The tale begins with Judith, a biblical heroine who saved her people by seducing and beheading the Assyrian general Holofernes. Like Salome and Lucretia, Judith was a popular subject during the Renaissance and Baroque era, which delighted in erotic and violent scenes. Dozens of artists from Botticelli to Caravaggio to Klimt depicted this woman who summed up that indefatigable brew of virtue and sexuality, a holy strumpet.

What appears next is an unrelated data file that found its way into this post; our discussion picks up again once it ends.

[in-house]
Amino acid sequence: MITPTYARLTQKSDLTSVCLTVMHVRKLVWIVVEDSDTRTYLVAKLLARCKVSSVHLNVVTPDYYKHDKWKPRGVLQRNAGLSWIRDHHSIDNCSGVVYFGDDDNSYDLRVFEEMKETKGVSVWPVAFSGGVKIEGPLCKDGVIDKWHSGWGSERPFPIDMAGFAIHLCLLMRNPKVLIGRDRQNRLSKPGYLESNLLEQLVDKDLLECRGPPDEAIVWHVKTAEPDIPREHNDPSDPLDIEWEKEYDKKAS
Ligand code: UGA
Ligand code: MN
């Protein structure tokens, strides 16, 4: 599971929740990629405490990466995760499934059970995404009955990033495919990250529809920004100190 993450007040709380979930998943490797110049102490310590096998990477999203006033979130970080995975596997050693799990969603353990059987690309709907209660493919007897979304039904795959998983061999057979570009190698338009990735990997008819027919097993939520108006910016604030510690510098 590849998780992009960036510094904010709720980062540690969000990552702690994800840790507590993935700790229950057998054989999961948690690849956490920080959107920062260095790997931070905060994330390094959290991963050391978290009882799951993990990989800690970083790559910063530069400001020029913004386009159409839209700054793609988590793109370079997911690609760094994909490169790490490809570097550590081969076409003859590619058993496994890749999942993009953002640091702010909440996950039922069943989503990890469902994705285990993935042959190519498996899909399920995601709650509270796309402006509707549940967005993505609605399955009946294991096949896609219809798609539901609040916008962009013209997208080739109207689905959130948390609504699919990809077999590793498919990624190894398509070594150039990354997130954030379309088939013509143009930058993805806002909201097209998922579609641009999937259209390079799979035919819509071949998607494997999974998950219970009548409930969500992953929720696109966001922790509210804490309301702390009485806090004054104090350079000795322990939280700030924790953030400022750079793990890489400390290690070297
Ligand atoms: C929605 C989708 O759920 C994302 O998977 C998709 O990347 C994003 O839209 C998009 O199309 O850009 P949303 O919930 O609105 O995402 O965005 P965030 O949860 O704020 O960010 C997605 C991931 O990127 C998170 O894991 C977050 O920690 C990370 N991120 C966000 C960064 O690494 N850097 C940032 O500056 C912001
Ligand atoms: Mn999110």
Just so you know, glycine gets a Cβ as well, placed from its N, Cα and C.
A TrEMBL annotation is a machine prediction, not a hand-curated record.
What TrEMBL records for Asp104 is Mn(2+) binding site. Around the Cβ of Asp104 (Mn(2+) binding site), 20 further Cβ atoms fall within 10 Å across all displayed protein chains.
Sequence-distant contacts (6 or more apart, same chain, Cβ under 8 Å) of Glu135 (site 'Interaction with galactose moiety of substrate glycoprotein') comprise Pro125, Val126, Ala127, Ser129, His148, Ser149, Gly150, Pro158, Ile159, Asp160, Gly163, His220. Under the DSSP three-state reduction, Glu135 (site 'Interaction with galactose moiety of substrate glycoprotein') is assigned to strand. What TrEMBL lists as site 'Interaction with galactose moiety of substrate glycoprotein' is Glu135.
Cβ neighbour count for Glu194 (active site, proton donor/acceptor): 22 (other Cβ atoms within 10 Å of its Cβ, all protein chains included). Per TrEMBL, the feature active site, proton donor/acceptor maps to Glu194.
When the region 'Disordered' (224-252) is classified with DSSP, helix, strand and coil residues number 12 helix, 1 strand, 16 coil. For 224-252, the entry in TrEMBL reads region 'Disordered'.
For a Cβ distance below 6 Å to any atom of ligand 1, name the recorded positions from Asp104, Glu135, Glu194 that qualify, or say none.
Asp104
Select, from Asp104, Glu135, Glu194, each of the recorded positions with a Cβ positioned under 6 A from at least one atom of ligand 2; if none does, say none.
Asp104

It has always been one of my favorite themes. Yet to speak the truth, I do not care in the least about the actual characters of Judith and Holofernes. I do not draw in order to make versions of exhausted themes. It is my own story, and the head I cut is history itself. The perfect murder. Sex and violence, naturally. The mood of exotic mystery still hangs in the air, a heavy breath lingering against the sword. Warm dark blood dripping down her belly. Marvel at the strange beauty of a severed head, contained within a drawing, and held up to the light like a glass of water. The narrative is long over. This is what I can do in a drawing, unencumbered by the perceived reality of time and place. This is drawing as potential memory, a way of summoning up an event before it has occurred, that more primal memory, spirit, breath force, nerve impulses, incantation; memory that breaks down barriers and imperiously remakes our settled way of seeing. The memory of no time. This violence would be gracious, clear and cool. Magnificent.